Largest Art Fraud in History Unveiled: Shocking Scale of Theft From Morrisseau

“Norval Morrisseau (Anishinaabe 1931–2007), Children with Tree of Life, ca. 1980–85” Source: AGH

The Smithsonian provides a long-form story about the sort of open fraud that probably deserves far more attention, especially as we debate plagiarism rising due to AI.

Morrisseau, though justifiably incensed [in 2001 about massive scale theft], wasn’t surprised that imitations of his work were being sold as authentic on the open market. As early as 1991, the Toronto Star reported the artist was complaining about being “ripped off” by fraudsters. But for years Canadian law enforcement did little to investigate the artist’s claims that forgers were imitating his work. Eventually, in the face of this inaction, Morrisseau’s lawyers advised him to notify galleries and auctioneers that they were selling fakes and warn them that they could be the subject of a court injunction, civil action or criminal complaint. Still the sales went on.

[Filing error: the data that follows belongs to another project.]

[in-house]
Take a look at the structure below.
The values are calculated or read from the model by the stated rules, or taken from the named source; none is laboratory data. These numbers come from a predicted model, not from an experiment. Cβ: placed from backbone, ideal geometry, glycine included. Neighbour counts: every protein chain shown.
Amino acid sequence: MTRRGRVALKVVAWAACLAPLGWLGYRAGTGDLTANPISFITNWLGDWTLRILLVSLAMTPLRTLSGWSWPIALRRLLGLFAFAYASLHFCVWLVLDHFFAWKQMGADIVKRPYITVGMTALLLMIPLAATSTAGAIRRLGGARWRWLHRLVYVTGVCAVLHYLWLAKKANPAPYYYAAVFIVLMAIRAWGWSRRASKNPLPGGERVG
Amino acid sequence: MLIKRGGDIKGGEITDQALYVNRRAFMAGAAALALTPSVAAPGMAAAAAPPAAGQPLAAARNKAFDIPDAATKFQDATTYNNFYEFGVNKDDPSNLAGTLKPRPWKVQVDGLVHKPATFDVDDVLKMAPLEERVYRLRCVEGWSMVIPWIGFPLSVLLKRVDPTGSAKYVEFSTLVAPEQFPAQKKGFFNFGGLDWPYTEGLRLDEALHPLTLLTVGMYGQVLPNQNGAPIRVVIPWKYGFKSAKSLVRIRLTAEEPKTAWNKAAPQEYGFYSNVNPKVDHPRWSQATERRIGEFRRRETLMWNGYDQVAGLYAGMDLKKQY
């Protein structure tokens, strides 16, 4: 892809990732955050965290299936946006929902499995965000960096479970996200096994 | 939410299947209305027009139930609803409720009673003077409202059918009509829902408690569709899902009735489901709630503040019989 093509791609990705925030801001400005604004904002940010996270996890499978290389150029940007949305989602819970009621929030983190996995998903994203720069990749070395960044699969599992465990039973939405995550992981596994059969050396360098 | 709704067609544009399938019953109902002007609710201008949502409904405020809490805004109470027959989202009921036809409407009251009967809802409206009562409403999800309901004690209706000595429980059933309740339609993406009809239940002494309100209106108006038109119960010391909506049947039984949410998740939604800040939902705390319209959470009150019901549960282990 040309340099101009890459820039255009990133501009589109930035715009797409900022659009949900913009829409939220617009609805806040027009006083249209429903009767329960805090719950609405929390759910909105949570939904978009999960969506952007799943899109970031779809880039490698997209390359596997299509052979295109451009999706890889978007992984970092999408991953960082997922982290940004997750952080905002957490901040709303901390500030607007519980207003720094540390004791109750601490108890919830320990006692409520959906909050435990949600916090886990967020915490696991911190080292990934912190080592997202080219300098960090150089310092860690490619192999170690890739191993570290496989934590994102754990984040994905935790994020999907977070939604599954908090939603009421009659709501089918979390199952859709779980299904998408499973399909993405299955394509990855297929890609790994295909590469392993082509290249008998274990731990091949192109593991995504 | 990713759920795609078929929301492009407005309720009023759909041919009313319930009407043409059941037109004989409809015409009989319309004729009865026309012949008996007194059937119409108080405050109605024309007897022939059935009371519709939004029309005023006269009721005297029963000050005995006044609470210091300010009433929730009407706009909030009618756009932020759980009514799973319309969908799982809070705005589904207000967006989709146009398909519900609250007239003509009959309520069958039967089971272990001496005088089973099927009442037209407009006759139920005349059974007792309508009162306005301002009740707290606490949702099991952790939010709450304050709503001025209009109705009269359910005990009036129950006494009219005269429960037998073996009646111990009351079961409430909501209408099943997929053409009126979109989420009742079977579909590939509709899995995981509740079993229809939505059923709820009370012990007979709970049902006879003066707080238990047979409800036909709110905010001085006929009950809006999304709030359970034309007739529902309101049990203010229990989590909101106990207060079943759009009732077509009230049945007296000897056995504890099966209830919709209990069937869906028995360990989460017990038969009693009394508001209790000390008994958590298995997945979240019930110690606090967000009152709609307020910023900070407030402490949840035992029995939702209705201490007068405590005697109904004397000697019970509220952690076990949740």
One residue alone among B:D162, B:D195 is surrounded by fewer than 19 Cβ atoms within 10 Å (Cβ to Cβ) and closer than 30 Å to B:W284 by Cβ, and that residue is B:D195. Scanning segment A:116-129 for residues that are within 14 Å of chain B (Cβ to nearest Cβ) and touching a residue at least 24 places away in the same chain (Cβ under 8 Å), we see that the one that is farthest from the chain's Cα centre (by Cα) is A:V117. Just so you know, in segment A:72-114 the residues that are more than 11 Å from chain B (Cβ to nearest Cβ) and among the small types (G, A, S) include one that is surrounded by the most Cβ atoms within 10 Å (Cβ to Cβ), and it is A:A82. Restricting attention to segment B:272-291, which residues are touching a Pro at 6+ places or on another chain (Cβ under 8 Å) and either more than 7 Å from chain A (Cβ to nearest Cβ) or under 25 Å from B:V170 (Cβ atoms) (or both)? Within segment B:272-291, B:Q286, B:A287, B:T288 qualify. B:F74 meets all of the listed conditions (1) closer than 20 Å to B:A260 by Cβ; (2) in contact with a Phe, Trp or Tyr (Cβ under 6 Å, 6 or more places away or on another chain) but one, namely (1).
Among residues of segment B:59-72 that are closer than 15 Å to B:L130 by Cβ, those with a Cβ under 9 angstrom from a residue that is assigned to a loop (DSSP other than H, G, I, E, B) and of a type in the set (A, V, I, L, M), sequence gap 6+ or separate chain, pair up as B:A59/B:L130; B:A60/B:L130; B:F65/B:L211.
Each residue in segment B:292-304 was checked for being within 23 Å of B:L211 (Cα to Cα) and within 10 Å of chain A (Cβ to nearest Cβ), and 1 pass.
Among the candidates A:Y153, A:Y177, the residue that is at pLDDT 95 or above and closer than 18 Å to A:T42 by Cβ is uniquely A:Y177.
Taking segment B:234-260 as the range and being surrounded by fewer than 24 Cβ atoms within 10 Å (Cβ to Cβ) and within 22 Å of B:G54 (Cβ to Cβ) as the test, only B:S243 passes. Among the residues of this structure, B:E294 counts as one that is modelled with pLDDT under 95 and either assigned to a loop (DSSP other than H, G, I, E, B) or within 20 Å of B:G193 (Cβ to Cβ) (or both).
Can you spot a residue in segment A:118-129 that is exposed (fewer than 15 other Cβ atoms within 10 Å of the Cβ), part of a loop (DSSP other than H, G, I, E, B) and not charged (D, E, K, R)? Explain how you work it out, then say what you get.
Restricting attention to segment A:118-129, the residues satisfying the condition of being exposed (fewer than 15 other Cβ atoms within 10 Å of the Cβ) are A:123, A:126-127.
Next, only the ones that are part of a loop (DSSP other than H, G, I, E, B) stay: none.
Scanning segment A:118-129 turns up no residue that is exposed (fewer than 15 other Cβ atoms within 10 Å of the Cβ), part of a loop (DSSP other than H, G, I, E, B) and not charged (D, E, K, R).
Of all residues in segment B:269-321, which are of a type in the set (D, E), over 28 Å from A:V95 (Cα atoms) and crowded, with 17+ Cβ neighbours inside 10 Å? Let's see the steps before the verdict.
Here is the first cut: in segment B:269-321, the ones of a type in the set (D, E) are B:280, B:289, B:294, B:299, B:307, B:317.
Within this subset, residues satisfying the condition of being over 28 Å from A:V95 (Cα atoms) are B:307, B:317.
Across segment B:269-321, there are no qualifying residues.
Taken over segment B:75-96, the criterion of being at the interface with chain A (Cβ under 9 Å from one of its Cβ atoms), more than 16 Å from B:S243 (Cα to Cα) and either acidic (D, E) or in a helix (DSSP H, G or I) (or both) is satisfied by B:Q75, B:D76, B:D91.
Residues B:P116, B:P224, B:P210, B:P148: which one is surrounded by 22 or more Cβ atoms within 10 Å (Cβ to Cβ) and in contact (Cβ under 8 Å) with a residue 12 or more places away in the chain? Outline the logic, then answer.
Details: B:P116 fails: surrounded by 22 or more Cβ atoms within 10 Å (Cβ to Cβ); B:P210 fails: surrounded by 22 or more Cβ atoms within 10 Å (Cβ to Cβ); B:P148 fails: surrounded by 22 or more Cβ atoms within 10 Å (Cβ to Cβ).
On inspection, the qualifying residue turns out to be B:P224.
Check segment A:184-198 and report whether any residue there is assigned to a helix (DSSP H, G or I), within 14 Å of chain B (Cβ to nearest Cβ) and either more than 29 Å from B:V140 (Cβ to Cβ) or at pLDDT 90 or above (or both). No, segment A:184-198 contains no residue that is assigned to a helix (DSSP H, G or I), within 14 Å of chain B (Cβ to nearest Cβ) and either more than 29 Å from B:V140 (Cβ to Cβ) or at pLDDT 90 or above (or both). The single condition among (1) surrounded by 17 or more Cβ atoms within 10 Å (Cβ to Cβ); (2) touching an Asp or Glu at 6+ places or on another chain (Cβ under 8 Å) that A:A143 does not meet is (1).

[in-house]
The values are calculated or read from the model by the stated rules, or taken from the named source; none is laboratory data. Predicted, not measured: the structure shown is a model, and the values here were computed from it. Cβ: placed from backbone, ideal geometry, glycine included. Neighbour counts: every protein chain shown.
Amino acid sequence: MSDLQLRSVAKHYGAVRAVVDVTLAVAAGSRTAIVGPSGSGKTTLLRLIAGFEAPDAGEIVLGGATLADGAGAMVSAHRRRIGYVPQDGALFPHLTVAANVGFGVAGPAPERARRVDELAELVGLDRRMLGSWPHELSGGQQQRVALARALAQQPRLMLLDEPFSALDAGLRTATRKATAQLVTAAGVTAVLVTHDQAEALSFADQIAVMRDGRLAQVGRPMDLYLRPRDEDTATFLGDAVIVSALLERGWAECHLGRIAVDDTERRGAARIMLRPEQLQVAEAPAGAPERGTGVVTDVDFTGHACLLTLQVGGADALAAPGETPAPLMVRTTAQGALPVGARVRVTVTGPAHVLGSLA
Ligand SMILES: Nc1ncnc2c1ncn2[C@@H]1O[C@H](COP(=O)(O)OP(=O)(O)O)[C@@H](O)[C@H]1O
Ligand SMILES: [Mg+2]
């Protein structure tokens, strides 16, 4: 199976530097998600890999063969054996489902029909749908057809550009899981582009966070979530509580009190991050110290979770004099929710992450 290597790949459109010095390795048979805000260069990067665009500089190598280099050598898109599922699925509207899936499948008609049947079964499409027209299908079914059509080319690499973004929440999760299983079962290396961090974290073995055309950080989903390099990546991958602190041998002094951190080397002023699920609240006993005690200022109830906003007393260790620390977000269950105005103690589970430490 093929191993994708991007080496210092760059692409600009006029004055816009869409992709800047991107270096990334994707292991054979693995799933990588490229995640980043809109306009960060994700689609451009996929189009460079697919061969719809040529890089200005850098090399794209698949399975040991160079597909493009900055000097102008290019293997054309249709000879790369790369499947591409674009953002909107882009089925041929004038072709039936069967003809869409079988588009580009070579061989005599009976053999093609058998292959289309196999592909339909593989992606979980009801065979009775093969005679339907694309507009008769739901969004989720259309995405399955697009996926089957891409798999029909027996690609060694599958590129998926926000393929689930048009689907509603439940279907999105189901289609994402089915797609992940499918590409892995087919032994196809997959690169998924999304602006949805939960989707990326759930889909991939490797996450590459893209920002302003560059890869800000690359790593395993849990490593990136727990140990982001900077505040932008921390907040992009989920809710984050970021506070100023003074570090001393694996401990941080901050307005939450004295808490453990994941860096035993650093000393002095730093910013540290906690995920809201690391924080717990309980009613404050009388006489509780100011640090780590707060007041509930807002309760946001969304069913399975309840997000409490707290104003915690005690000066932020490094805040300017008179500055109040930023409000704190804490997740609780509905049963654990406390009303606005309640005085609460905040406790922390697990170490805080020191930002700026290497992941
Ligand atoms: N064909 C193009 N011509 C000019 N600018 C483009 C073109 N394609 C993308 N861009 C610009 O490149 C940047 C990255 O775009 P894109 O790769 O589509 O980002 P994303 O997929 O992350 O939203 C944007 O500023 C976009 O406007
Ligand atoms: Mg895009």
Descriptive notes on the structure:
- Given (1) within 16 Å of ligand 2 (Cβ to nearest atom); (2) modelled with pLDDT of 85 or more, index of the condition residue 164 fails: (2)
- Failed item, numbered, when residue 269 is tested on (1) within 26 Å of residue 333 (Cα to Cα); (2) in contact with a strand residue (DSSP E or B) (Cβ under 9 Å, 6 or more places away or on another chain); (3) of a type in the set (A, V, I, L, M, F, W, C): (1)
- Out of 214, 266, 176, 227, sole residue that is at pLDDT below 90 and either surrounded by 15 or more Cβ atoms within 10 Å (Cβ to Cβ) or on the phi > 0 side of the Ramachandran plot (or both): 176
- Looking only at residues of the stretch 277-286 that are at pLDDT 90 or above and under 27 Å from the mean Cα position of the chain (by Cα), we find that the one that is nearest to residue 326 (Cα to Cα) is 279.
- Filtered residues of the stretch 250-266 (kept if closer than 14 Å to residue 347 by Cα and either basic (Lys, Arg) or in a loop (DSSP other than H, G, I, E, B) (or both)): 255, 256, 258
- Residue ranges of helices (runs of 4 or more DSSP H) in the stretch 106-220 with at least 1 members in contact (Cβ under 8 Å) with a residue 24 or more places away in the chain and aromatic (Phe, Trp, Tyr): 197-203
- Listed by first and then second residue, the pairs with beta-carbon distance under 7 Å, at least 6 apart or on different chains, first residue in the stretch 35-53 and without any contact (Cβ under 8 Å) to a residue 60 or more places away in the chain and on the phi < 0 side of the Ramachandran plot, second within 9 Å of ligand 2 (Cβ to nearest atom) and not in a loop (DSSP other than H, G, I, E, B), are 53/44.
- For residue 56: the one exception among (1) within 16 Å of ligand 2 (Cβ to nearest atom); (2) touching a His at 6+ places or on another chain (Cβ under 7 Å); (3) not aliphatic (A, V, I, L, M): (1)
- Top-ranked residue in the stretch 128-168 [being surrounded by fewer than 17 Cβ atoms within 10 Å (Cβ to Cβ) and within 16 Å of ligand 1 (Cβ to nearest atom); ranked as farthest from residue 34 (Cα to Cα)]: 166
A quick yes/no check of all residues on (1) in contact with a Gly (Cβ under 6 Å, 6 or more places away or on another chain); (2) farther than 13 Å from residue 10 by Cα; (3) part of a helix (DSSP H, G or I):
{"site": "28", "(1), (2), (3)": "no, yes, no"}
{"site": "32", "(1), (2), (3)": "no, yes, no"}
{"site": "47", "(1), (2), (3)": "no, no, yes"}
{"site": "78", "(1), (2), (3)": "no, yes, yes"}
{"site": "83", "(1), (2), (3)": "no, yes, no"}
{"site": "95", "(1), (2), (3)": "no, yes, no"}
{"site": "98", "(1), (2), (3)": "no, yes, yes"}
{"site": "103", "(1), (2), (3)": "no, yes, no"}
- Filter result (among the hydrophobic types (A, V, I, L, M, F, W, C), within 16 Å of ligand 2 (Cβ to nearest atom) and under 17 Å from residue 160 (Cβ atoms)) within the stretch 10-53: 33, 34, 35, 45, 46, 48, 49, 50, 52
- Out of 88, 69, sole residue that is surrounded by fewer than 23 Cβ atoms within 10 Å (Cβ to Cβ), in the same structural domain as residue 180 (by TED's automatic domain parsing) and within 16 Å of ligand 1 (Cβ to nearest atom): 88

It wasn’t until this past year, more than 15 years after the artist died from complications related to Parkinson’s, that an unlikely consortium of investigators, led by a homicide cop from the small city of Thunder Bay, Ontario, finally exposed the scheme to defraud Morrisseau. Not even the artist himself could have imagined the scale of the fraud, which in both the number of forged paintings and the profits made from their sale was likely the biggest art fraud in history—not in Canada or North America but anywhere in the world.

Spoiler alert: a lack of any serious investigation by Canadian authorities facilitated long time exploitation and abuse of indigenous children.

Under Lamont’s direction, youths and other Indigenous people in Thunder Bay were paid—or forced at threat of violence—to create Morrisseau look-alikes by the hundreds.

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